Fanboys

Marco Arment has this to say:

fan•boy |ˈfanˌboi|

noun

  1. informal derogatory: a term used to describe people who bought a product that competes with the one you bought, which is probably more popular than your choice, for reasons that you wish to discredit or diminish because you’re secretly afraid or upset that you made the wrong choice.

ORIGIN from fan + boy.

Several things irritate me about this. For a start, the pretence that it is about anything other than Apple fanboyism. Does this definition apply to the Kirk vs. Picard debate? If my buddy says that GNU Hurd is better than Linux, and I say he’s a fanboy, is that because I’m secretly worried that Hurd might be a better OS kernel? Of course not, this is about Marco defending himself and others like him against their critics. Strip away the aura of objectivity and it’s just an ad hominem. Admittedly one aimed at defending against another ad hominem, but two wrongs don’t make a right.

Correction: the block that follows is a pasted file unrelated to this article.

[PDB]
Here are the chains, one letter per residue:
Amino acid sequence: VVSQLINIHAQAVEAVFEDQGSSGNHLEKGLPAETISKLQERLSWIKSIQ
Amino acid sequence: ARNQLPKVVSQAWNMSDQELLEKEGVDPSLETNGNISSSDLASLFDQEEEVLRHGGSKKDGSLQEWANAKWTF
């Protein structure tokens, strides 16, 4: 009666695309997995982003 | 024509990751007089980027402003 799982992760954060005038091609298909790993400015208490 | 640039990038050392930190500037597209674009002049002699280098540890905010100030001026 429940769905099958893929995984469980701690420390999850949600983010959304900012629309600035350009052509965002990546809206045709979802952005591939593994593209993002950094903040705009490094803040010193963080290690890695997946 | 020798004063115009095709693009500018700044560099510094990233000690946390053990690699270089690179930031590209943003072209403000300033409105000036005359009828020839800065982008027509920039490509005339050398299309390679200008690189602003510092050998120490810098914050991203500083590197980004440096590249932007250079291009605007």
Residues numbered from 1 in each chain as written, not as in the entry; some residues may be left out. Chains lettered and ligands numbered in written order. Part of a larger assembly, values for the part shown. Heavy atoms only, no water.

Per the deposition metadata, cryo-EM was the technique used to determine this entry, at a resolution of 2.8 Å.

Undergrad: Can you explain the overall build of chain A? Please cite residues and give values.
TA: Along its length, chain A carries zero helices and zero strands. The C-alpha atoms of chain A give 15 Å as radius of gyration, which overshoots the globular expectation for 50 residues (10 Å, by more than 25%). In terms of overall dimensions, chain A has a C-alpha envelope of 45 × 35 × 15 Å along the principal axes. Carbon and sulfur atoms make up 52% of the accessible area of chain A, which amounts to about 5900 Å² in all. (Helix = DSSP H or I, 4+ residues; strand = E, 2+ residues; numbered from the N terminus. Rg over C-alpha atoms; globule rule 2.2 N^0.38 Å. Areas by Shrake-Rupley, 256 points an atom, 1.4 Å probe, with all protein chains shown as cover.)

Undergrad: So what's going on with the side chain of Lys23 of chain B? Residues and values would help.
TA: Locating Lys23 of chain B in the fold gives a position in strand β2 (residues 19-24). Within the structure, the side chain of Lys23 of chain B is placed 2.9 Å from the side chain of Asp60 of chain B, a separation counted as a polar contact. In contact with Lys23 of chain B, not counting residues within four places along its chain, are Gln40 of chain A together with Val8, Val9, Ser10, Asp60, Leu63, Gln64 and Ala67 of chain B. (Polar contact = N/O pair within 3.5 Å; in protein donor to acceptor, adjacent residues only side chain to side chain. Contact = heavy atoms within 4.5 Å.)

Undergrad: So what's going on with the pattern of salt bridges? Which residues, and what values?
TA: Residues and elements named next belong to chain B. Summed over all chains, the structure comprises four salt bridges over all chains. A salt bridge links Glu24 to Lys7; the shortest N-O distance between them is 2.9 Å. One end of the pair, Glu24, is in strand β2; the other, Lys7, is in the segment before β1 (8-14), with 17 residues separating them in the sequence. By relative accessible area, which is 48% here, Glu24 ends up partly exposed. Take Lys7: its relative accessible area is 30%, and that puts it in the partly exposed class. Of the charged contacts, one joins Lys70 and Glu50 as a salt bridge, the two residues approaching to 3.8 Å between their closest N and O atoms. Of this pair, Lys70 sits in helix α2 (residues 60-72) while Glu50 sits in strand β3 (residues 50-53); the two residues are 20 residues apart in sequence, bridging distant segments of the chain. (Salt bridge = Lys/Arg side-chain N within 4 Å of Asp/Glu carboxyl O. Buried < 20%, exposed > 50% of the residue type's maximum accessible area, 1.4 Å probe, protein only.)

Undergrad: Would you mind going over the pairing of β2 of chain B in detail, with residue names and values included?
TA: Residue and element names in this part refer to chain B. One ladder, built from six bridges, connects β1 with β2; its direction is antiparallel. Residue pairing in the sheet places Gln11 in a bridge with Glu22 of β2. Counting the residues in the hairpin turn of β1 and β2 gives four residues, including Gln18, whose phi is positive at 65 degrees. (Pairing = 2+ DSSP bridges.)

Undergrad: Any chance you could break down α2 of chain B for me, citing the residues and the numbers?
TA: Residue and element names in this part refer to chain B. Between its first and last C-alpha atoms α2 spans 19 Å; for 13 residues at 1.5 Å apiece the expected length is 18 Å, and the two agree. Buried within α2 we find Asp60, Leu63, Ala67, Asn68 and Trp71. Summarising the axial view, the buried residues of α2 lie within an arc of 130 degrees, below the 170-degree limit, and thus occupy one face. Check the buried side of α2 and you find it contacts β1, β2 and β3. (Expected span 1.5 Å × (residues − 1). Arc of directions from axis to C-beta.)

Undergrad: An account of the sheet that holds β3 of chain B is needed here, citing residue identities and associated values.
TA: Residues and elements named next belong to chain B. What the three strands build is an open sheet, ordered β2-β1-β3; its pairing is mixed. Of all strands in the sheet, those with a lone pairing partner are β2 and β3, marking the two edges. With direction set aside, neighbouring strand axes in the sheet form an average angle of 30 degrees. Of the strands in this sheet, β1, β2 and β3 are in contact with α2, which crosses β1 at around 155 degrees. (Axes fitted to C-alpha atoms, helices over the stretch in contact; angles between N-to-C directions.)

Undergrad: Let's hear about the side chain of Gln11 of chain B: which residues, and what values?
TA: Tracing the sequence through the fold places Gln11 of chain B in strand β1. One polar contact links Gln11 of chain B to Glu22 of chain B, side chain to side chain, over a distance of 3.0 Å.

Like it or not, fans exist. A lot of them are boys. Conflating the two into a convenient label might be lazy, but it seems prima facie to be a valid term.

But I think there’s a deeper meaning to the charge of fanboyism, and one that would leave us all slightly poorer if we were to attempt to excise the concept from our consciousness. The fact is, we’re very bad at basing our conclusions on the evidence. Much worse than we think we are. If you think you don’t have biases in your reasoning based on particular companies, ideas or causes you have a soft spot for then you’re probably deluding yourself. One particular facet of this is confirmation bias: the tendency to give more weight to evidence that supports the conclusions you already believe. It seems to me that this is pretty close to what we mean when we dismiss someone as a fanboy.

Accusing someone of fanboyism may be lazy, and it may be overused. But there’s a difference between the fallacy of ad hominem argument and a rational accusation that someone is suffering from confirmation bias. If Marco’s suggesting that the distinction doesn’t matter then he’s dead wrong.

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